“Why do you do this? Are you paid to come here?” an inmate finally summoned the courage to ask me during a few quiet moments on the Kairos Prison Ministry weekend. It wasn’t the first time an outside volunteer had been queried this way, and it certainly hasn’t been the last, for as incarceration serves its social purposes of justice and protection, the loneliness of isolation and the sense of worthlessness may well be the most difficult aspects of doing time. “We aren’t paid anything,” I replied, “We are here because we have experienced the love and mercy of Christ in our own lives, and we want to share it with you.”
Do we need to hear the percussion of slamming steel doors behind us or to behold the glare of gleaming razor wire above us to understand the reality of separation? No, “alone” may be more acute for the condemned, but we’re all acquainted with its pain. We know relational severance at a human level—whether we suffer it through the sting of death or the shock of rejection, or we be the ones who drive the splintering wedge of division—and we also experience it from in the spiritual sense, because deep inside we know sin separates us from a holy God who will not tolerate evil as we do.
Yet in pure love for us, God sent Jesus to close the gap between us. No one can bring charges against us anymore, for it is God himself who declares our right standing before Him in Christ. No evil power can condemn us, for Jesus intercedes for us before the Father. No society or any of its members can marginalize us as losers, for we are “more than conquerors” through Him who gave His life so we may gain ours. And nothing can separate us from the love of God that is in Christ Jesus our Lord.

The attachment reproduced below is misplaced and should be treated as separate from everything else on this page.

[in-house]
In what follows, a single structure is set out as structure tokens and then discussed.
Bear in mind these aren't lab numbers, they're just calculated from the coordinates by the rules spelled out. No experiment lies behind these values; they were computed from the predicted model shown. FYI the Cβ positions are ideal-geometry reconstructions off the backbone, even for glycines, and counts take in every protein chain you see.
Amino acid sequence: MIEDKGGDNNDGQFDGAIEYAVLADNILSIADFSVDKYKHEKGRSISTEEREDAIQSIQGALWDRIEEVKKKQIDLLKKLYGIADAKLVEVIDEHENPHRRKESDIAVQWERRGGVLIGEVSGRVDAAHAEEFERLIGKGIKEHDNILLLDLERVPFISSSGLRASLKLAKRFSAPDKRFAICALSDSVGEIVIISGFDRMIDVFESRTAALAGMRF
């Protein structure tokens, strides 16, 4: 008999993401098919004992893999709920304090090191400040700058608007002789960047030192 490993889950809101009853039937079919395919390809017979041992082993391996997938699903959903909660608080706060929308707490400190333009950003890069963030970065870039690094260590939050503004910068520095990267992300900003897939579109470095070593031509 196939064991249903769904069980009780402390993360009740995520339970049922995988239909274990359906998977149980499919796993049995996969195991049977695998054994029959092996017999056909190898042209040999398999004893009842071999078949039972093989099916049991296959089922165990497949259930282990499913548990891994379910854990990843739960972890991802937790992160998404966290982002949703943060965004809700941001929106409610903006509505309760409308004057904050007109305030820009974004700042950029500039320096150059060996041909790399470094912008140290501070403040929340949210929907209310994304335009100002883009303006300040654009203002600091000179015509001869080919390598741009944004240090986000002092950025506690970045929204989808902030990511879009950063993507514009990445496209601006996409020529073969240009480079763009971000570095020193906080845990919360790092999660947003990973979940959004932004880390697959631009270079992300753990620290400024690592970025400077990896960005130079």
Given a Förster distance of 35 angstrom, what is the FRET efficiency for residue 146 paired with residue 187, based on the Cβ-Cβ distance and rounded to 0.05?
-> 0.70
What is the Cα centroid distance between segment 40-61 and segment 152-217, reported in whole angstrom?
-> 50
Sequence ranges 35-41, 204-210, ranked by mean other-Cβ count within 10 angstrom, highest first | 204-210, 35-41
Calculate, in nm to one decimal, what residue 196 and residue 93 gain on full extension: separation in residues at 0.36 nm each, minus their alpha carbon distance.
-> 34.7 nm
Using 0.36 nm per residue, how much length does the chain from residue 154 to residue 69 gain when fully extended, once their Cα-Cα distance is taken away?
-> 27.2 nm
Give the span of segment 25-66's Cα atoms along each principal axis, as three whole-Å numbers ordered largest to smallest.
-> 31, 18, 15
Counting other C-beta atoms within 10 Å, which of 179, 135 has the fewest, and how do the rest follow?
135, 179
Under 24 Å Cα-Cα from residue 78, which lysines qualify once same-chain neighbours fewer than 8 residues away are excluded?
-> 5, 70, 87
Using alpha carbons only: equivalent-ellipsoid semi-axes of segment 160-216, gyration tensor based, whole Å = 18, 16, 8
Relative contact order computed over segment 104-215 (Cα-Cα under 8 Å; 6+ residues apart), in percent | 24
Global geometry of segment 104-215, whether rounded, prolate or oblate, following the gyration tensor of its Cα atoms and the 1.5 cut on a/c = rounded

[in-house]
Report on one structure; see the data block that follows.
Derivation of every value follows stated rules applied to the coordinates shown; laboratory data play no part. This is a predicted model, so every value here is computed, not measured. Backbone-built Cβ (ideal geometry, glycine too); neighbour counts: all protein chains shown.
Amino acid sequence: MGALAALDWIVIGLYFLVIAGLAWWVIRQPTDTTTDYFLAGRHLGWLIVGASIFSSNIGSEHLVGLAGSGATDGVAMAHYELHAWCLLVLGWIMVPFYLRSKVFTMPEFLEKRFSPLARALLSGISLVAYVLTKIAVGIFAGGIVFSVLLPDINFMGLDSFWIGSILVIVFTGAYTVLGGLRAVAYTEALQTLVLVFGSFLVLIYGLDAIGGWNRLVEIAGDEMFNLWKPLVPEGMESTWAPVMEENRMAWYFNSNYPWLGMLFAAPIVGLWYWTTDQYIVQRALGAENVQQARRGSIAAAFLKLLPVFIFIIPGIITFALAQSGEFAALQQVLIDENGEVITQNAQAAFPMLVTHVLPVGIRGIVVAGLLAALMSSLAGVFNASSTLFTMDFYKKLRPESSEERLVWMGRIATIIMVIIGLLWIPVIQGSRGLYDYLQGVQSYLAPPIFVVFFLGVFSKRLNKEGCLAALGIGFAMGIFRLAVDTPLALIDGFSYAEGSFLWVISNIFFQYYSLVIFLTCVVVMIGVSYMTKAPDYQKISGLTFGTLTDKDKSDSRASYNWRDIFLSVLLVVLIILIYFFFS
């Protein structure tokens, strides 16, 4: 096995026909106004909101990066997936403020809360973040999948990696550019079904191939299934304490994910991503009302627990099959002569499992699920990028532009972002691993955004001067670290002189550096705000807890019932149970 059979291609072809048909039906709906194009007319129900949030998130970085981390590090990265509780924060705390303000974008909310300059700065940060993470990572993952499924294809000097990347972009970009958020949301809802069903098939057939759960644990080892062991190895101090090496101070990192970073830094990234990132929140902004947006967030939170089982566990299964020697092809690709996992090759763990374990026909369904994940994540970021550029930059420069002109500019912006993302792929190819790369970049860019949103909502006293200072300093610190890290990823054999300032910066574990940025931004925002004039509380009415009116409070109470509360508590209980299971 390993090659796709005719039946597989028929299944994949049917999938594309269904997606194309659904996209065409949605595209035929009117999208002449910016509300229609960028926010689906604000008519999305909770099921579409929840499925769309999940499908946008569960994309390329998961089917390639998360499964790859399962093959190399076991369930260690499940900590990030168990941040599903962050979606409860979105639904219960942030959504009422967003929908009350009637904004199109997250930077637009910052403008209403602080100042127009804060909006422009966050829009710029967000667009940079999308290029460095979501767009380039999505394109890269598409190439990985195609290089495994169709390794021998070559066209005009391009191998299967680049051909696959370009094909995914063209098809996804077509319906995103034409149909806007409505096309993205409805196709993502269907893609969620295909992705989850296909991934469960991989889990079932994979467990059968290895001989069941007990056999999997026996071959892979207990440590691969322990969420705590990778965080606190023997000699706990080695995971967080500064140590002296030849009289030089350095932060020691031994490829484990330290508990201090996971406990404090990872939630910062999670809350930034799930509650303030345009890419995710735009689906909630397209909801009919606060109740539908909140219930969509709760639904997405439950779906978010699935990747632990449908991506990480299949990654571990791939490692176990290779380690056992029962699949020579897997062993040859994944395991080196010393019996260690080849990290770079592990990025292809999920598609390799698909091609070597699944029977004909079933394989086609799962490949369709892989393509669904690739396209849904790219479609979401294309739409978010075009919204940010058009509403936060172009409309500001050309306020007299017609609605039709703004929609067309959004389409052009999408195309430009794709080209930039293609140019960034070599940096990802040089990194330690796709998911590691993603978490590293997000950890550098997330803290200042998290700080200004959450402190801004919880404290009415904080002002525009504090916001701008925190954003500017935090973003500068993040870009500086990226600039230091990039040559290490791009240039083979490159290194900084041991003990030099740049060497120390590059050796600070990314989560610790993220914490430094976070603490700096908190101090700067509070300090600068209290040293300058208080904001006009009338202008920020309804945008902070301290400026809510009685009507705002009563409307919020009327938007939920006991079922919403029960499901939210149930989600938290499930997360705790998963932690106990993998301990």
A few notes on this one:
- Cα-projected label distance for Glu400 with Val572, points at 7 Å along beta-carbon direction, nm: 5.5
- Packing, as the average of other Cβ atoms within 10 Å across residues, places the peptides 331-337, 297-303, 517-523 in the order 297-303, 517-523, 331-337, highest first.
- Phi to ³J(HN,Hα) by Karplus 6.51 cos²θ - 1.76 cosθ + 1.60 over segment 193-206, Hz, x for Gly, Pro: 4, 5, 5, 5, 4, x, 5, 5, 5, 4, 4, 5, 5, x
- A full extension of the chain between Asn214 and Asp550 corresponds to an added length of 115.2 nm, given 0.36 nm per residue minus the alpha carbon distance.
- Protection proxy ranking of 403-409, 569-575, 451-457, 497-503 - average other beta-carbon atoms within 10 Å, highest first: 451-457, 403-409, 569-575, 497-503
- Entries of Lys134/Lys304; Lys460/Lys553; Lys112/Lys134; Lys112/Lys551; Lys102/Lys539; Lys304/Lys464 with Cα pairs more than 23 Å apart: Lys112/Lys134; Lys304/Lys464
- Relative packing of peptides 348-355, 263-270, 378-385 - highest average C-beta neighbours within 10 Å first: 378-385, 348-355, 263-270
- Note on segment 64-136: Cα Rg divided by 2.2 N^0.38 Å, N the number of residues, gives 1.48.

I think my newfound friend dared to believe me, for, no longer isolated from care, he began to open up about his dreams, his aspirations after release, and his possibilities in a new life of freedom. Hope was stirring.
Father, thank you for uniting me with you through Jesus, who died for my sins and who raises me to new and forever life in Himself. Send your Spirit to live in me, that I would flourish in the truth of your love; then send me to others with the liberating message of unity with you through Christ. In His name, I pray. Amen.
Who will bring any charge against those whom God has chosen? It is God who justifies. Who then is the one who condemns? No one. Christ Jesus who died—more than that, who was raised to life—is at the right hand of God and is also interceding for us. Who shall separate us from the love of Christ? Shall trouble or hardship or persecution or famine or nakedness or danger or sword? . . . No, in all these things we are more than conquerors through him who loved us. For I am convinced that neither death nor life, neither angels nor demons, neither the present nor the future, nor any powers, neither height nor depth, nor anything else in all creation, will be able to separate us from the love of God that is in Christ Jesus our Lord. (Romans 8:33-39)
Christ in me is salvation.